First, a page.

Another step in the right direction

Texas withdraws appeal to court order blocking gun law that banned adults under 21 from carrying firearms:

“We applaud Texas for doing the right thing and accepting the district court’s ruling against its law prohibiting 18-to-20-year-old adults from carrying firearms in public,” said Cody J. Wisniewski, FPC’s senior attorney for constitutional litigation. “Not only do young adults have the same constitutionally protected right to bear arms as all other adults, they are also among the reasons we have a Second Amendment, Constitution, and Country in the first place.”

Pittman noted the Second Amendment does not contain any mention of age as a restriction, unlike other portions of the Constitution.

“To start, the Second Amendment does not mention any sort of age restriction,” he wrote. “This absence is notable—when the Framers meant to impose age restrictions, they did so expressly.”

This only the Fifth Circuit. I would not be surprised to see the Ninth Circuit tap dance their way into believing they can set the age as 65 and over. Then the next day saying “Red Flags” laws allow confiscation for people over 60 because they are of unfirm mind.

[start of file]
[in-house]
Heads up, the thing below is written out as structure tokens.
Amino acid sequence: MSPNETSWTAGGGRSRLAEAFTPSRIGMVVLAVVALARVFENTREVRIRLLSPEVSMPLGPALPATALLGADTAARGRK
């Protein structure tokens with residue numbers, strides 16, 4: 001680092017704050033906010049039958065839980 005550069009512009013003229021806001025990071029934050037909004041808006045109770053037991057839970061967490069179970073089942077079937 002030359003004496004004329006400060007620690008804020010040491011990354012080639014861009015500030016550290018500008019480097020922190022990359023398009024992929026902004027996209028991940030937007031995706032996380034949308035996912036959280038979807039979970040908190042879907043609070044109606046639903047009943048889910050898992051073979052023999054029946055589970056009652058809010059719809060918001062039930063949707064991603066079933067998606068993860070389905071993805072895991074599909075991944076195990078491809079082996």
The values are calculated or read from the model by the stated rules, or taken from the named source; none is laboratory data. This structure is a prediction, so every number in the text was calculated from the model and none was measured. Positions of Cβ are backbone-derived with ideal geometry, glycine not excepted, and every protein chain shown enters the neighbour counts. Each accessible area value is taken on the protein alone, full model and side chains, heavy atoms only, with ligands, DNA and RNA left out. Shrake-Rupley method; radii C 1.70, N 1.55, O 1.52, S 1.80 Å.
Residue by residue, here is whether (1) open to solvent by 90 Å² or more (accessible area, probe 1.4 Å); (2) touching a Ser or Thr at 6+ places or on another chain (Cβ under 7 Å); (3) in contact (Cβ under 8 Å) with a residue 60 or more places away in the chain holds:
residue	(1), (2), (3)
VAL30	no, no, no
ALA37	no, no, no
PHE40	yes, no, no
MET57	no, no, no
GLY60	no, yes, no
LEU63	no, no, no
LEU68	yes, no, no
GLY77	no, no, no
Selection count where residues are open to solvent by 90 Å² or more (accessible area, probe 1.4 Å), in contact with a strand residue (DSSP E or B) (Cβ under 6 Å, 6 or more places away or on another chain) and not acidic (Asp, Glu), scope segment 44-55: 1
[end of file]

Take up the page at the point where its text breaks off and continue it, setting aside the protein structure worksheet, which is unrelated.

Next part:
6 thoughts on “Another step in the right direction

  1. I suspect this is less about the State “doing the right thing” and more about anti-gunners not wanting to set a nationwide precedent that the right to carry a concealed handgun in public starts at age 18.

    On the other hand, it is Texas, and my understanding is the AG was defending the law not because he supports the prohibition, but because as AG he is required to defend their laws against challenges. He’s just faithfully executing the duties of his office.

    But I’m neither a lawyer nor a Texan, so what do I know? 😉

      • If only leftist AGs felt the same obligations to defend laws with which they disagree. We need a lot more of this from conservatives. Tit for tat is the winning strategy.

    • “…as AG he is required to defend their laws…” — that sounds right, provided those laws are Constitutional. Conversely, by his oath of office, an AG is required NOT to defend “laws” that violate the Constitution. Few AGs actually understand this (or act as if they do).

      • Depending on the State, the AG may not have that discretion: he/she may be required to assume a law passed by the legislature or voters is Constitutional.

        Now, that’s not to say an AG couldn’t half-ass a token defense of an unconstitutional law, but not showing up isn’t necessarily an option.

        • Witness AG Bonta in California. Even he refused to defend the recently-passed legislation to place the burden of paying the state’s legal fees on the plaintiff in gun control cases, even if they won the case. Newsom had to hire third party attorneys to [poorly] state his case.

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